In the early days of my career, I never really had the opportunity to access a mentor. There were people who supported me and wanted me to do well, but I never really had a structured mentoring relationship. Now, my whole career is based on helping others succeed! I know the importance of having a champion; a support network and structure to help people to work out what they want to achieve and how to achieve it. That’s why my business is based on providing that support, guidance and encouragement to the people we work with.
I look forward to the day that we have gender parity, and we don’t need to host separate award categories and events for women. In the meantime, we will share the stories of successful women and dispel myths such as ‘women can’t be an adviser and work part-time’, or ‘women can’t run their own advice business’. By doing so, we will inspire and empower more ladies and change the statistics, for the betterment of society and our profession.
Being recognised with this award, Lana and I hope that it will empower others, to nominate or be nominated for awards, female or male. Awards that are about being the best versions of yourself; always striving to do better at what we do, and supporting others to do the same.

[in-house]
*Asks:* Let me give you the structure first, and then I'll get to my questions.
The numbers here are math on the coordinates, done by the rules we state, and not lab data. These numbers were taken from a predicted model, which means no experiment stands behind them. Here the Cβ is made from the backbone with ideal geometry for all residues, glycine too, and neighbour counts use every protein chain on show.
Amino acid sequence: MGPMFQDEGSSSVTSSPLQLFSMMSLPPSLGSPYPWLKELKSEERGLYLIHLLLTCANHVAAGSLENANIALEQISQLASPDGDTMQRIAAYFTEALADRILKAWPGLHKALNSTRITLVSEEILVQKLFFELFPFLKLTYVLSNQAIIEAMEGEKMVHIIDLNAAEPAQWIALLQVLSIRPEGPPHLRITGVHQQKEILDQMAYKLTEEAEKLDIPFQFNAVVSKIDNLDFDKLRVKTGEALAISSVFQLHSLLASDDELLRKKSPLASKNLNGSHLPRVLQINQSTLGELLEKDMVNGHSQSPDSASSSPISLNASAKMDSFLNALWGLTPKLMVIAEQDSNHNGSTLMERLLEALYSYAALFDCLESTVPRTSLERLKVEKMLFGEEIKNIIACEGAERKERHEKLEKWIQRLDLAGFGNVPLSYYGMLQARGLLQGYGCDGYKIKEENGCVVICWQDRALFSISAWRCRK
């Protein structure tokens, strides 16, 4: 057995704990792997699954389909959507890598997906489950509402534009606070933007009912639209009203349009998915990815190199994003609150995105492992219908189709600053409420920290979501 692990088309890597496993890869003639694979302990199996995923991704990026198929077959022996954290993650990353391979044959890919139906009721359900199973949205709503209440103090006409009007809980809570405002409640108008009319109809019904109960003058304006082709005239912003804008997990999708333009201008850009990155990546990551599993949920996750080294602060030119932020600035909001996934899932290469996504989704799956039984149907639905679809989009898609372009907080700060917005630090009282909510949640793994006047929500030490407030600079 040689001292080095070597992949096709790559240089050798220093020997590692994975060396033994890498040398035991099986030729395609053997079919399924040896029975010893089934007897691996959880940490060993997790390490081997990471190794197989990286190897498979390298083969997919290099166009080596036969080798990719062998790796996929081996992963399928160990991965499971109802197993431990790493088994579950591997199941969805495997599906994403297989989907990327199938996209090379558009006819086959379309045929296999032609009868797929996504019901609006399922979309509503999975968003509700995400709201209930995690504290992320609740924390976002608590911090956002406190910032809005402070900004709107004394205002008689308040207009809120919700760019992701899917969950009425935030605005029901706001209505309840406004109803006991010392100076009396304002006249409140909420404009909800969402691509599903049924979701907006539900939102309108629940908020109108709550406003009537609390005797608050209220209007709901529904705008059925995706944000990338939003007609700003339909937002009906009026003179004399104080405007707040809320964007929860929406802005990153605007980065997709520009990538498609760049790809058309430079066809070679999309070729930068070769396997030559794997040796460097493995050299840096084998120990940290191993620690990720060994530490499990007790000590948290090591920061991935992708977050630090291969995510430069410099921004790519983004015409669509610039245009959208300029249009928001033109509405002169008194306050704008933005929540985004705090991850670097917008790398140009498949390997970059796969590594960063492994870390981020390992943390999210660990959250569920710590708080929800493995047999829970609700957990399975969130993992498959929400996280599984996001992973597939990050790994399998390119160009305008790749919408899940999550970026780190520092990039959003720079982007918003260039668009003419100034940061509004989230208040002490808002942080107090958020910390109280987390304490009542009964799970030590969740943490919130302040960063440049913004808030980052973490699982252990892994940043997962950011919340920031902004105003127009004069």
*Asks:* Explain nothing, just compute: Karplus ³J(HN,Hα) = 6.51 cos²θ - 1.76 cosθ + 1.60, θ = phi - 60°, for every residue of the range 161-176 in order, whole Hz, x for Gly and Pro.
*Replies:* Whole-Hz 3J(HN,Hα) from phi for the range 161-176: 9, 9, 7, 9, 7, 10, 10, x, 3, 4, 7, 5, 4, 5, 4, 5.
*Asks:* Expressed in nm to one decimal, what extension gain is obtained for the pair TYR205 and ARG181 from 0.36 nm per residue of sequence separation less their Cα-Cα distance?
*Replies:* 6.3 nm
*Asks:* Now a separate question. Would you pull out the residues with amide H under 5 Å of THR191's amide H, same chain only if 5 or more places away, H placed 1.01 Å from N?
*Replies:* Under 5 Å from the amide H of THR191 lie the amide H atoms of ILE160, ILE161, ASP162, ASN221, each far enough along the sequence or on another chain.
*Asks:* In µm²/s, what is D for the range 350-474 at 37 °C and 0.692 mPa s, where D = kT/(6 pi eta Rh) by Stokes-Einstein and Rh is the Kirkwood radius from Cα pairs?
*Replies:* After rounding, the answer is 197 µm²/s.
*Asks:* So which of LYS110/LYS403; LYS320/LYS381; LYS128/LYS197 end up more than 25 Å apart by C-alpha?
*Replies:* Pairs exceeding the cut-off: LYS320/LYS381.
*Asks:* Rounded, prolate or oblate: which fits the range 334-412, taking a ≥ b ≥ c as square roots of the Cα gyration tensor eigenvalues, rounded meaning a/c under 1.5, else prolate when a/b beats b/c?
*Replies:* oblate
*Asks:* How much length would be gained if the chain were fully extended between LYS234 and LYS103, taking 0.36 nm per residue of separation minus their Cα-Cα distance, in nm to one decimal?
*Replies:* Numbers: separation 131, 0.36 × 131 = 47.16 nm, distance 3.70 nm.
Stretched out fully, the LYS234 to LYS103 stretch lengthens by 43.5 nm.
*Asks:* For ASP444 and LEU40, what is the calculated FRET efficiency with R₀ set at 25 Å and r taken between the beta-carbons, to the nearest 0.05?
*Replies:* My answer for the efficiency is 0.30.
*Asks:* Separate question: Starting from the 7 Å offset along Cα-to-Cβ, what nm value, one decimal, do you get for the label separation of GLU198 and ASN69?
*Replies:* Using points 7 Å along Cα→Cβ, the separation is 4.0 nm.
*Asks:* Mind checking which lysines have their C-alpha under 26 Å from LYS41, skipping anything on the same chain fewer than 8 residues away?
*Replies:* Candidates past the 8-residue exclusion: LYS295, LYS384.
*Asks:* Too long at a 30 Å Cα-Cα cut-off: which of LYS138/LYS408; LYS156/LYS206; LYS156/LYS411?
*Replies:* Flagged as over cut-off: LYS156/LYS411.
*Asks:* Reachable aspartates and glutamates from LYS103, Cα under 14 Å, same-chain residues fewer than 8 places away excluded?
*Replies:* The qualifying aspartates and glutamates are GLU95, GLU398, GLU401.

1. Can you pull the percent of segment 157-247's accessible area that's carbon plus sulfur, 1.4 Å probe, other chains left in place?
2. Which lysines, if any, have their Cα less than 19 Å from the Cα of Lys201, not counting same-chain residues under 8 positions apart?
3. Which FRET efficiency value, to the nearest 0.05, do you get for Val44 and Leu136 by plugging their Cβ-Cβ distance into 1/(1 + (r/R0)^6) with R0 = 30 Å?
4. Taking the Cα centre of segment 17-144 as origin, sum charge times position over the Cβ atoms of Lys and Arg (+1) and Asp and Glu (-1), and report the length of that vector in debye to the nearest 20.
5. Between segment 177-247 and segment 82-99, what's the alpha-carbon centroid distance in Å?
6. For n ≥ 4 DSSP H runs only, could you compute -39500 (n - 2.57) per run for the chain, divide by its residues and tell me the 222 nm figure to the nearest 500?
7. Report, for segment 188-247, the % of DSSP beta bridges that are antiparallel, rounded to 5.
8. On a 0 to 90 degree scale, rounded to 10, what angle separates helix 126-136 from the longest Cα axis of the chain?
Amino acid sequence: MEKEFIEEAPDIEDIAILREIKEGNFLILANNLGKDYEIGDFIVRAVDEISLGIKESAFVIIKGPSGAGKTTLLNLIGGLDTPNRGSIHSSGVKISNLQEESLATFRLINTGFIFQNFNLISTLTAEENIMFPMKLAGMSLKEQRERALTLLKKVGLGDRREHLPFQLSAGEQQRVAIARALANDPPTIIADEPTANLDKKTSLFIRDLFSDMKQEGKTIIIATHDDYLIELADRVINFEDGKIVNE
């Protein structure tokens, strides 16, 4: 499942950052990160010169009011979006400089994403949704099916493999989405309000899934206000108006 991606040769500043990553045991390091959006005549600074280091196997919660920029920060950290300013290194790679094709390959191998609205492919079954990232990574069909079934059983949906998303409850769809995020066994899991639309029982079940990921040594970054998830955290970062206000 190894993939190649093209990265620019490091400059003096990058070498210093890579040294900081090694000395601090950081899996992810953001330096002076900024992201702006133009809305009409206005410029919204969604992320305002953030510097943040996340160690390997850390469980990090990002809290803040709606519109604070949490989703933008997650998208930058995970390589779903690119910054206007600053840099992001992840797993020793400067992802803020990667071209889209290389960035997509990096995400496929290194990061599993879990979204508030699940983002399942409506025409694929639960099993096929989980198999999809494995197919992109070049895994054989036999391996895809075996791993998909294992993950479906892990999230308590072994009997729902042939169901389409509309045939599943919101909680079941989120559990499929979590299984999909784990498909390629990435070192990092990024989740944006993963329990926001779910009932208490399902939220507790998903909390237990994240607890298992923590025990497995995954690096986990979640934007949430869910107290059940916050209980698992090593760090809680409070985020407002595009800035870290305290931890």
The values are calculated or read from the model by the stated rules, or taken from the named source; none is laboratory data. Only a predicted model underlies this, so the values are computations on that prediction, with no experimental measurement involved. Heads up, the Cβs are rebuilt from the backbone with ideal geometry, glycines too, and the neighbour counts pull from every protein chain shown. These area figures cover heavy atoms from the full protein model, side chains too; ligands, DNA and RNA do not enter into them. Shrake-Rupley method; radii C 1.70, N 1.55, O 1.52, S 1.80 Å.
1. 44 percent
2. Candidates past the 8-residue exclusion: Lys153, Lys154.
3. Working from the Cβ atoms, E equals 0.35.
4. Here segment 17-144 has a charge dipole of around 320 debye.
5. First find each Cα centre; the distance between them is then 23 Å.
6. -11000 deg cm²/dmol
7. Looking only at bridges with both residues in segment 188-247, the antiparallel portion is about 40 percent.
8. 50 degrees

Sue Viskovic CFP is the Founder of the national consulting business Elixir Consulting; a proud mother of four; a sought-after speaker; a business coach; and author of a number of books and programs designed for advisers. Sue is also the proud recipient of the 2015 Mentor of the Year Award.
With over 15 years’ experience in financial services, with roles spanning banking, funds management, advice and licensee services, Sue has built her career and her business on helping financial advisers, accountants and risk specialists to improve the way that they run their businesses and deliver advice.
This article was first published on LinkedIn Pulse on December 1st, 2016.